Is Fruit Actually Bad for You?
Yogurt with plenty of berries may sound like a healthy breakfast, but new dieting trends claim that fruit isn’t as healthy as we all thought. Even massive sports stars like Tom Brady refuse to eat strawberries. So what gives? After all, there have been plenty of bogus diet trends that society ended up eschewing (such as the infamous Atkins diet). Quartz’s Annaliese Griffin analyzed the claim to figure out the heart of the issue: should we be casting fruit to the wayside? Should we be feeling guilty after eating an apple? Samantha Rigoli, registered dietician and founder of nutrition consulting company Healthy to the Core, told Griffin not to be tricked by the hype.
“Fruit is super healthy. It’s nutrient-dense, it has tons of antioxidants and vitamins and phytonutrients,” Rigoli said. “Every bite is valuable.”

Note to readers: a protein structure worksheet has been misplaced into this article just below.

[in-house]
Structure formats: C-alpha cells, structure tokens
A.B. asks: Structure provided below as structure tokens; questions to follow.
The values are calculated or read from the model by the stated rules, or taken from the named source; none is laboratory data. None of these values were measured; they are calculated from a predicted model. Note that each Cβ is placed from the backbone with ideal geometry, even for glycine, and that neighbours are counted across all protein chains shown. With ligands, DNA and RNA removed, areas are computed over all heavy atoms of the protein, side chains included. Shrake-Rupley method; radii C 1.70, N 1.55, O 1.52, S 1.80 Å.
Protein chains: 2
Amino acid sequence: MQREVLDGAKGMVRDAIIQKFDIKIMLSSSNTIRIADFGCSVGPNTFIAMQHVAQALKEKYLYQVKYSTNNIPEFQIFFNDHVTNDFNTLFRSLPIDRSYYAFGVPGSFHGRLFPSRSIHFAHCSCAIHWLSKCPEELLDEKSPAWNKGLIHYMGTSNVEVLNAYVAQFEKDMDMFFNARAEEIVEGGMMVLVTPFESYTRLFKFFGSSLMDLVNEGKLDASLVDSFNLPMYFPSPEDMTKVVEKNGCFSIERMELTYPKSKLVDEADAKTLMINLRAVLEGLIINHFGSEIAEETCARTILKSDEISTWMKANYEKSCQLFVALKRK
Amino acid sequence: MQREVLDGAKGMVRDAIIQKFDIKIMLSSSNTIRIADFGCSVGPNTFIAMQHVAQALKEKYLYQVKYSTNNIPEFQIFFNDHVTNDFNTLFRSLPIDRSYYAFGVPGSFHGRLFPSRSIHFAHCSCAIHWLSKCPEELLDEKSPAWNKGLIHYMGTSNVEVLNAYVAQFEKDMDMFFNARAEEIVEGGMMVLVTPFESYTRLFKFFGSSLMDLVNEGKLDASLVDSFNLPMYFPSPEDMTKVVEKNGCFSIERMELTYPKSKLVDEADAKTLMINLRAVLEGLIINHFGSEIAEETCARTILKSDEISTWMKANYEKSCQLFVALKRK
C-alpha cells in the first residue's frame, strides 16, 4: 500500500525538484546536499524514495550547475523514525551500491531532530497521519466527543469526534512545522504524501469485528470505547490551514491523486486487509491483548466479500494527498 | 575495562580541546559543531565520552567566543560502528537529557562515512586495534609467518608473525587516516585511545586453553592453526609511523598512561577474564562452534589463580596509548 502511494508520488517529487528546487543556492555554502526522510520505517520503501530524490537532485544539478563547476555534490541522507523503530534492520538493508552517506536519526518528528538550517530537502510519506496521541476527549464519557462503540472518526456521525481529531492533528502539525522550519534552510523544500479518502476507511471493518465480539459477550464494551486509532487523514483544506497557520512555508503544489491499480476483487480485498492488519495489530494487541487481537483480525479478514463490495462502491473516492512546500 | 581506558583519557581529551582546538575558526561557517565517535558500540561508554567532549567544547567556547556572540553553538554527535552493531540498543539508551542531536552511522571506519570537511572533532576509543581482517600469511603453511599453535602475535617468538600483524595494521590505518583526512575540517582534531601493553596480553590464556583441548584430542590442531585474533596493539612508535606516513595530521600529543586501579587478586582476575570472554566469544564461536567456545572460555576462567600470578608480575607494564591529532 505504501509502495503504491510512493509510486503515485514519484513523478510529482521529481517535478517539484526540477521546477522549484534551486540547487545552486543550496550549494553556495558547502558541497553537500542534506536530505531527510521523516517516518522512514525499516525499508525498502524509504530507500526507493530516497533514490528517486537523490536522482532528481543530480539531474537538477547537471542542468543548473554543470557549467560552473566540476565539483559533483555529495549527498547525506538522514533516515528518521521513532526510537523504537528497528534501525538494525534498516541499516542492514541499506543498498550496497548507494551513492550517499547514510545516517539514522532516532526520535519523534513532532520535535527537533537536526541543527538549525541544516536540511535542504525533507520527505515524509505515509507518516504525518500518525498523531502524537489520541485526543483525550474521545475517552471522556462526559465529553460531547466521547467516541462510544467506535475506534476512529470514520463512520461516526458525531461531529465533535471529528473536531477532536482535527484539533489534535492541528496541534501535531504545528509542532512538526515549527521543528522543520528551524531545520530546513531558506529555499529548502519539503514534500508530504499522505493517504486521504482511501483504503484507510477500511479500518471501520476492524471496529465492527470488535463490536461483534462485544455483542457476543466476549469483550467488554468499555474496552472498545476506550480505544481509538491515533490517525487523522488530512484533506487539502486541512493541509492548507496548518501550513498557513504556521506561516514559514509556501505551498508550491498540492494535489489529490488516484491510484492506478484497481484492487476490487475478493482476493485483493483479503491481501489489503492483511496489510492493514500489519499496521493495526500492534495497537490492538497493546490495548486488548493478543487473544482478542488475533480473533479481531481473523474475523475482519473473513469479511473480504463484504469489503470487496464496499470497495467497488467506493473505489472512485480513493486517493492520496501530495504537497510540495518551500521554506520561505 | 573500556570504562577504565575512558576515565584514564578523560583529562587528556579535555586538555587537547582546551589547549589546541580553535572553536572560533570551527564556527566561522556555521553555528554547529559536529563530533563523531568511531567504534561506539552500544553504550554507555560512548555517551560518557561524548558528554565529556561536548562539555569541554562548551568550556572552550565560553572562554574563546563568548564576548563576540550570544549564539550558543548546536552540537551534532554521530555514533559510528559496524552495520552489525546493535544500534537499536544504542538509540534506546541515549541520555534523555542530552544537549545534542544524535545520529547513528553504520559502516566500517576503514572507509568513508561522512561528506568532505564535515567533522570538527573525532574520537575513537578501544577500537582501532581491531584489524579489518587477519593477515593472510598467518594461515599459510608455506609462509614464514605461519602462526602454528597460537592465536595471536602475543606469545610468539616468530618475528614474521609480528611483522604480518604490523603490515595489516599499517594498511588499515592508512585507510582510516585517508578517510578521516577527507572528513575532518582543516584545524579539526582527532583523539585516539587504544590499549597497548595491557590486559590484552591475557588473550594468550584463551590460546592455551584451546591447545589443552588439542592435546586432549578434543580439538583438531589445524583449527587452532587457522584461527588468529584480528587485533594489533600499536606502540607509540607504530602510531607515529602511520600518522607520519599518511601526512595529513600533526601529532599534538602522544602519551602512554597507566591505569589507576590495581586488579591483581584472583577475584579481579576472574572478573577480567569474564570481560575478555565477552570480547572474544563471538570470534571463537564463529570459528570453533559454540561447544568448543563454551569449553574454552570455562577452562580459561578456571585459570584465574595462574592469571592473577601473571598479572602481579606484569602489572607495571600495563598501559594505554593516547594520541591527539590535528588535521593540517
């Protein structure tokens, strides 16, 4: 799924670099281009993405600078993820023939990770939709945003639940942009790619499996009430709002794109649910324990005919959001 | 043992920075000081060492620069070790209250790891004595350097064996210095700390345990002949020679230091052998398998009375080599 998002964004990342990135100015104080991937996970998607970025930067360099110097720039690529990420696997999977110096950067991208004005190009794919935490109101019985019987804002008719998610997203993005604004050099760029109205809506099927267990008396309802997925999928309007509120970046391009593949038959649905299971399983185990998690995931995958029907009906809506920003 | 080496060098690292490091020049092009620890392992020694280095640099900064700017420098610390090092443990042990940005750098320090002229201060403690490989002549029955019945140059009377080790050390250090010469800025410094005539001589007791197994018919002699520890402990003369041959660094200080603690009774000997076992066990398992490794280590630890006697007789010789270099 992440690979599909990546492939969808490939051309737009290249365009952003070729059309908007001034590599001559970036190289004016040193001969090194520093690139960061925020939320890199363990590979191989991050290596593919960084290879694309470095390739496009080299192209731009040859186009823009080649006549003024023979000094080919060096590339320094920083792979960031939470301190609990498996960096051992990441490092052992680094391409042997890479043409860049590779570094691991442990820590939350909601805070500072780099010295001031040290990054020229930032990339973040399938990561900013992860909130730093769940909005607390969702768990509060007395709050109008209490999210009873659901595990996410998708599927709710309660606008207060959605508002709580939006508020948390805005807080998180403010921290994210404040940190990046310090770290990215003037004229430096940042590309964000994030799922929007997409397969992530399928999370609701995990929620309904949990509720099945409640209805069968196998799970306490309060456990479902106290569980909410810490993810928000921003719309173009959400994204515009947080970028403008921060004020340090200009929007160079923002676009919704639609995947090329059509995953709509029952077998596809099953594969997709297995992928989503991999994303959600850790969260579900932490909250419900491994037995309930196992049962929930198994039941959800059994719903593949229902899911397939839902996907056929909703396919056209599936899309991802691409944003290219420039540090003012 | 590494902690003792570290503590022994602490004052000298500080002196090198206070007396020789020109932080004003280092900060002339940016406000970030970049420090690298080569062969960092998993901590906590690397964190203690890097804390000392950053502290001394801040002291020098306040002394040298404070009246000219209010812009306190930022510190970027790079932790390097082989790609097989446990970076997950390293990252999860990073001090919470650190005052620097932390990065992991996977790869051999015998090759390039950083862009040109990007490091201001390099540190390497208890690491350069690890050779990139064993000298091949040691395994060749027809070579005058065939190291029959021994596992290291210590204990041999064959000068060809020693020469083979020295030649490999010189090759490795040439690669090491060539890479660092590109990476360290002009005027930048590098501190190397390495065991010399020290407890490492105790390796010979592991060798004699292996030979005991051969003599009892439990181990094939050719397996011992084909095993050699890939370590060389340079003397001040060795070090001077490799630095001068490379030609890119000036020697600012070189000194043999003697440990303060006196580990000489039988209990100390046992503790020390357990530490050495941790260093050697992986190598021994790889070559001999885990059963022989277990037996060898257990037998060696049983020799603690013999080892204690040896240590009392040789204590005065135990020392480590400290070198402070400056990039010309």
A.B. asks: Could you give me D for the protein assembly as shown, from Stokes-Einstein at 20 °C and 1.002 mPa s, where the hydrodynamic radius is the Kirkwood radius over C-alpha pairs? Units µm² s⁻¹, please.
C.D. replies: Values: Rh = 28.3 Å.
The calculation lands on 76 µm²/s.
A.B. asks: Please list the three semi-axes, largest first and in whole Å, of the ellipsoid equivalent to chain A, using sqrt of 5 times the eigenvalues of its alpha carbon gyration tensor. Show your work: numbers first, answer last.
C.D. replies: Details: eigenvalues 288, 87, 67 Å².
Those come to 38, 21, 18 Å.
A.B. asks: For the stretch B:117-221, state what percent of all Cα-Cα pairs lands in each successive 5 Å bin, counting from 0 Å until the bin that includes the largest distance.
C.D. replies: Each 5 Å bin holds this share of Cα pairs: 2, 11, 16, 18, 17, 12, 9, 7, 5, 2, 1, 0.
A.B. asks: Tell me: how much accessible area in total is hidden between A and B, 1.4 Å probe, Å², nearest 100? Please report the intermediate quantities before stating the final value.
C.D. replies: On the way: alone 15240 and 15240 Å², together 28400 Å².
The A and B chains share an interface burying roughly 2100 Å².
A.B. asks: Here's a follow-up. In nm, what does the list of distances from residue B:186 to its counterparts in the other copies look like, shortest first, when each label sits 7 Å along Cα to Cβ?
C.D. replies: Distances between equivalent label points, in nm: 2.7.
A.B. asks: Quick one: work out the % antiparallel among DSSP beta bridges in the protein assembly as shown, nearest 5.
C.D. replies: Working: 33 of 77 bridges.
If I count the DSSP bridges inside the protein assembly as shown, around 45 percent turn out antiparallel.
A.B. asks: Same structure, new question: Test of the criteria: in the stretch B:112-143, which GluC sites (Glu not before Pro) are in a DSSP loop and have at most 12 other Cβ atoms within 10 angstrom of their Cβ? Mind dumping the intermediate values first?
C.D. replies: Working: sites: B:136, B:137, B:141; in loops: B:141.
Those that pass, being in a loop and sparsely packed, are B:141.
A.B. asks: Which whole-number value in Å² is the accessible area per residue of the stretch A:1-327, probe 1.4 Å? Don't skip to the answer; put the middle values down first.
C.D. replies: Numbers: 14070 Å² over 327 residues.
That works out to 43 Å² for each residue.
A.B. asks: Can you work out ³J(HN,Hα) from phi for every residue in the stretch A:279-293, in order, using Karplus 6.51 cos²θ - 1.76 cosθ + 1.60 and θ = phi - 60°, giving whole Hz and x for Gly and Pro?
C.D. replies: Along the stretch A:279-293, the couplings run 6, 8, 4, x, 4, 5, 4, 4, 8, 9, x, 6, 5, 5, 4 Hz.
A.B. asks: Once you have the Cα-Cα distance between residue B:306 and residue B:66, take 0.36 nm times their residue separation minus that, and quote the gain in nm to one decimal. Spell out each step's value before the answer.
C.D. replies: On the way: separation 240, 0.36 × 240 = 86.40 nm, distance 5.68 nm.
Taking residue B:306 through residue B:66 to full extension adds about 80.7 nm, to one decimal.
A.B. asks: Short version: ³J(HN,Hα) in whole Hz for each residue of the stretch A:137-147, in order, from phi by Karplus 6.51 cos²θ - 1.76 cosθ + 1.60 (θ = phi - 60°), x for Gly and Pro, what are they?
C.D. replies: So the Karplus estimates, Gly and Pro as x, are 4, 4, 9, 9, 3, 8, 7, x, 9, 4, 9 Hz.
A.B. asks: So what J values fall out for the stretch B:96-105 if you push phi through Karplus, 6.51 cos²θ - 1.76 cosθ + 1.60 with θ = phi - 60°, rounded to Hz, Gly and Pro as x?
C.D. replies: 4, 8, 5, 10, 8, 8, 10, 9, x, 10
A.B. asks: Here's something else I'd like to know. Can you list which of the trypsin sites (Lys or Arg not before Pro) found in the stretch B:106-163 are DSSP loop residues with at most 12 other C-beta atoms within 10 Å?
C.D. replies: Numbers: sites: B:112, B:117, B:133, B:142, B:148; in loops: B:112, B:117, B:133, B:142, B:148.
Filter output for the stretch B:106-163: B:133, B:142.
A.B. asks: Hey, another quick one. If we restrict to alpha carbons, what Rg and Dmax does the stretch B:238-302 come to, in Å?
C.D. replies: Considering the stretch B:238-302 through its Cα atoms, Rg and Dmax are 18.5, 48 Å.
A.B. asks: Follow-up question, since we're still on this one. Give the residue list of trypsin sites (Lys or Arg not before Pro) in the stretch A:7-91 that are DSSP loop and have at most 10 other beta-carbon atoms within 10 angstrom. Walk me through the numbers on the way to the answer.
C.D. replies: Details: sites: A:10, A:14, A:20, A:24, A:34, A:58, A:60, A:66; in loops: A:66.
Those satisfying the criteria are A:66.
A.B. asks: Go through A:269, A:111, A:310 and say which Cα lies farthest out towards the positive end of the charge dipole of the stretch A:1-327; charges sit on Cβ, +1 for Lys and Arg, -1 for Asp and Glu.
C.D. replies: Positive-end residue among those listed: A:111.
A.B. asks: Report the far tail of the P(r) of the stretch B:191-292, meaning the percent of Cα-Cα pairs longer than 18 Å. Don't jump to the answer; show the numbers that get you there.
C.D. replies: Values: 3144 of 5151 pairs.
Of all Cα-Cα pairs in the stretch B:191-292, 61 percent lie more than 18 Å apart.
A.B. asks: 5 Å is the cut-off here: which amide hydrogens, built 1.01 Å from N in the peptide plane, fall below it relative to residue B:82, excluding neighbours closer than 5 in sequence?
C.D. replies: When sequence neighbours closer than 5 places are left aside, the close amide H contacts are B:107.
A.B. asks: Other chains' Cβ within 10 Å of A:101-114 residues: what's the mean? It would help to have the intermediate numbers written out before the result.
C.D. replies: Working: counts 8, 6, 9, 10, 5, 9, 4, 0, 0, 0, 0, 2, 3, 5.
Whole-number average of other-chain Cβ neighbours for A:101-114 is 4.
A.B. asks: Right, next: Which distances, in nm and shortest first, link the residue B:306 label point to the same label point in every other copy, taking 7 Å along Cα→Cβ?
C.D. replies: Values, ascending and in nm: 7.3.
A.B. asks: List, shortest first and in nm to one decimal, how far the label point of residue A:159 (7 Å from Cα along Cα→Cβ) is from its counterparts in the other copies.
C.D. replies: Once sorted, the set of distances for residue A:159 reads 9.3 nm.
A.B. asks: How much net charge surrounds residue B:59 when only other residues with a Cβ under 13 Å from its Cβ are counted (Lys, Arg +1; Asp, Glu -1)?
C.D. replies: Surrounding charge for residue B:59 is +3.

The base of the no-fruit trend may be because it’s higher in carbs and natural sugars, but Rigoli added that fruit’s nutritional value can’t be compared to “a cookie that’s calorie dense.” If you're working really hard to lose weight, you can check the glycemic index to to be mindful of what fruits raise blood sugar slower (such as apples and berries, including strawberries. Hear that, Brady?).
And if you're worried about calorie count, the quantity doesn't matter so much as the quality. "A calorie is not just a calorie," Rigoli told Quartz. "One hundred calories of broccoli or 100 calories of a cookie will give you such widely different nutrients and affect your weight and your mood and your energy and your blood sugar and digestion so much differently."
But overall? “Fruit is amazing,” Rigoli said. “You should eat it every day.” Case closed.